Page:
By Sunday morning, Linda still had not expressed any remorse for her actions, so the parents decided that they had to teach her a valuable lesson. One that would be memorable. One that she would forever regret. One that would cause her to truly reflect on what she had done.

Their solution: Linda would have to kill her beloved dog Beauty, a black and white mongrel that she had owned for about two years. Mrs. Ault stated, “I told Linda that after all she put so many people through, and her not suffer, that maybe she would suffer over an animal.”

Shortly before 11 A.M., Linda walked with Beauty one last time to a spot about 500 feet (150 meters) on the desert floor behind their home. As Linda and Mrs. Ault took turns digging a grave to bury Beauty in, Mr. Ault fired the gun into a cactus to be certain that it operated properly.  He then loaded the revolver with 7 rounds and left the hammer on an empty chamber. “I told her to just pull the hammer back and trigger.”

At this point Mr. Ault walked about 50-feet (15 meters) to tie the couple’s other dog to a bush. Mrs. Ault then knelt down next to the grave that they had dug and held Beauty by her leash. She was looking down toward the dog but through the corner of her eye could see the barrel of the gun coming toward the dog. She said, “You have to put it right against her head.”

Out of the corner of her eye, Mrs. Ault could see Linda withdrawing the gun away from Beauty’s head and sensed that her daughter was hesitating on pulling the trigger.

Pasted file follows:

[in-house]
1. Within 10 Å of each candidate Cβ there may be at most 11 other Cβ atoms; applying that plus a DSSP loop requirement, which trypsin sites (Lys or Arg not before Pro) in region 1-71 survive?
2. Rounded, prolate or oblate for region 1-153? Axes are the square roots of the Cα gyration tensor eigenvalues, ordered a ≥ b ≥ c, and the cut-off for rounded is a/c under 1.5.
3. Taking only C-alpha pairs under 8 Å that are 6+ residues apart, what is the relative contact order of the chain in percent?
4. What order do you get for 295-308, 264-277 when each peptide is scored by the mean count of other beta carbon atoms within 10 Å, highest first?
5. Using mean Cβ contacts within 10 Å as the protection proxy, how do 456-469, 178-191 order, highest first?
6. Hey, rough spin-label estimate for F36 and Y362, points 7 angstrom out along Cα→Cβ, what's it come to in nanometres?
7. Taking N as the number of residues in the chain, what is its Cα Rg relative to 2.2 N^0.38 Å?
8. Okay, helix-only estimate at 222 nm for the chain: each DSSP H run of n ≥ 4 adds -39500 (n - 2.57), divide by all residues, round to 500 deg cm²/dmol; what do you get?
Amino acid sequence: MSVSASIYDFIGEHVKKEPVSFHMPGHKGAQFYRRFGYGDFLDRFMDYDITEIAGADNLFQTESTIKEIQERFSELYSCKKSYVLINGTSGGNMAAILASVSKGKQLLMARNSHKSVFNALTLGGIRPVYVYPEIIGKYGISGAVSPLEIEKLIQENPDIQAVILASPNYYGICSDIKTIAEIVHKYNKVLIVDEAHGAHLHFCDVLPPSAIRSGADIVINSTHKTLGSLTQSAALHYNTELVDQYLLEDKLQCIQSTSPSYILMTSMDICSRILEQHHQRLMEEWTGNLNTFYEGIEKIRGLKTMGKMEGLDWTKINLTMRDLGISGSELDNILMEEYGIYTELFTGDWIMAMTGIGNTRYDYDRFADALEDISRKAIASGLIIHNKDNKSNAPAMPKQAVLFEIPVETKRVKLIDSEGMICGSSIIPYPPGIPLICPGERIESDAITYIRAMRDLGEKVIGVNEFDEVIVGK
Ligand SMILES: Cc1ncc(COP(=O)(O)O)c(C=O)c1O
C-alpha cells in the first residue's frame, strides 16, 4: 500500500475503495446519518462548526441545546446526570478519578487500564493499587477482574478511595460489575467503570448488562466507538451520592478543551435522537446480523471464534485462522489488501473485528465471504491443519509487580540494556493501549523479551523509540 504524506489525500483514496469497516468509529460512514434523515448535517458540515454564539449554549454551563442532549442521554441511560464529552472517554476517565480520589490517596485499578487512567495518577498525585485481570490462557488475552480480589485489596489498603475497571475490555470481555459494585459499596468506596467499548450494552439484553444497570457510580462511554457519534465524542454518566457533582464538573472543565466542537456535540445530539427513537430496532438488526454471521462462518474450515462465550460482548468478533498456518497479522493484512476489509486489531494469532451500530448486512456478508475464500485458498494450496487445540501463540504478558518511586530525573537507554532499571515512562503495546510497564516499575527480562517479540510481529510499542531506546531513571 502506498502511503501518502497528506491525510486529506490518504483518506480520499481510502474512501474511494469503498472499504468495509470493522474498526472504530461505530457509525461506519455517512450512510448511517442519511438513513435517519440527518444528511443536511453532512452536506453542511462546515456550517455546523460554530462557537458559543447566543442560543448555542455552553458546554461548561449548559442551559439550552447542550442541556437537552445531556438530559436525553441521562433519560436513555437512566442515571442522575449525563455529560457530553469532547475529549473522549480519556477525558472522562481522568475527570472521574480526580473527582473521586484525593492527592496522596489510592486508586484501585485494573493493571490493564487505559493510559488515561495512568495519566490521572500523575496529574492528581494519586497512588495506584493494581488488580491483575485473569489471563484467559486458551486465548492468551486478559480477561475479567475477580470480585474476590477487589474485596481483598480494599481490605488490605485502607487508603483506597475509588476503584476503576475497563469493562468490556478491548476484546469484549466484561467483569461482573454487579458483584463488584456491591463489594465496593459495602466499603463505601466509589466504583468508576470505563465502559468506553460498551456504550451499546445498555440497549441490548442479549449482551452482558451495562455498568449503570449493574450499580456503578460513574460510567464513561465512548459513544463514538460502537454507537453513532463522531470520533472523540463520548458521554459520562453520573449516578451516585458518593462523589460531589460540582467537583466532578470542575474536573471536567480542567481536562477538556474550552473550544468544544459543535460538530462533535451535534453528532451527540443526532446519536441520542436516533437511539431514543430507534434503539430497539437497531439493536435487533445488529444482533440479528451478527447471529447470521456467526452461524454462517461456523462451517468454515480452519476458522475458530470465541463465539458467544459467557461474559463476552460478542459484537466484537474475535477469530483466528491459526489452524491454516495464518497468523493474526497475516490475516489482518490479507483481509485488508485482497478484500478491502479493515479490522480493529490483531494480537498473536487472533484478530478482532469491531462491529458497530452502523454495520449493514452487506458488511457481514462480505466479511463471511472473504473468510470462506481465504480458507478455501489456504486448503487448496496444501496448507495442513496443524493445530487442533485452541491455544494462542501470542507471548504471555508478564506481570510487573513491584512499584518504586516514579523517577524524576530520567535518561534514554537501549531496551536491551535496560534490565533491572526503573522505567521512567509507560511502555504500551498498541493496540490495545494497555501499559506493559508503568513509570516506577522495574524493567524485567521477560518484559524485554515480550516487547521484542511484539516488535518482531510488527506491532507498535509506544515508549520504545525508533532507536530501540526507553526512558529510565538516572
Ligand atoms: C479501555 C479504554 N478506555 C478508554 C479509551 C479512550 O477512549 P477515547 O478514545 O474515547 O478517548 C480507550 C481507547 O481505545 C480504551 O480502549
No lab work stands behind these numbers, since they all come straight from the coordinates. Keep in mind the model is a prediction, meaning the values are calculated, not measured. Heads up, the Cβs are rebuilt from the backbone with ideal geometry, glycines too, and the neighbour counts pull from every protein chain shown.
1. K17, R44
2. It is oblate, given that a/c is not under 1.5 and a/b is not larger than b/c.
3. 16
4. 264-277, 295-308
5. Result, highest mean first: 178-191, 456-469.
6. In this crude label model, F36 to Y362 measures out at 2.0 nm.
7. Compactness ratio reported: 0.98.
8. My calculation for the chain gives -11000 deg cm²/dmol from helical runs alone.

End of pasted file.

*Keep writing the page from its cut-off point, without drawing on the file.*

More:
And the… BOOM!

Mrs. Ault suddenly screamed, “My God, my God! She shot herself!”

Instead of shooting her dog, Linda had turned the gun toward her right temple and pulled the trigger.

“She’s shot herself! Baby, baby, help me!”

Mister Ault ran toward his daughter and carried her back to the house. Mrs. Ault dialed the operator in a frantic attempt to get an ambulance or the police, but time was ticking away fast.

Sheriff’s deputy Jack Barnaby arrived on the scene a short time later and cautiously entered the house with his gun ready. He had been the officer who had responded to that violent fight at the Ault home some ten months earlier, so he didn’t know what to expect. He found that no one was home.

That was because the Aults had made the decision to drive Linda directly to the Tempe Community Hospital themselves. Her condition was so grave that she was transferred her to St. Joseph’s Hospital in Phoenix.

Sadly, she did not survive. Linda died the next morning on February 5, 1968. She was 21-years-old.

Mrs. Ault was quoted as saying, “I thought she was just stalling.” She continued, “I killed her, I killed her. It’s just like I killed her myself.”

This photograph of Linda Marie Ault appeared in newspapers across the country shortly after the news of her tragic death broke. From page 1 of the February 8, 1968 issue of the Fort Lauderdale News.

While the couple lived just outside the Phoenix city limits, the shooting took place within its boundaries. As a result, the couple was questioned by Phoenix police and were fully cooperative. Mr. Ault stated, “I handed her the gun. I didn’t think she would do anything like that.”

The press quickly picked up on the story about about the college sophomore who opted to take her life over that of her innocent dog. Suddenly, Mr. and Mrs. Ault were thrust into the national spotlight. When questioned by reporters, Mr. Ault replied, “We told the police and the Sheriff’s office everything. You can get it all from them.”

Two days later the Aults were testifying at a coroner’s inquest. The couple was questioned by Chief Deputy County Attorney Moise Berger, who asked Mrs. Ault, “Did you or did you not know that she was four days past her menstrual period and there was no possibility she was pregnant?”  Mrs. Ault replied that she was aware of that fact.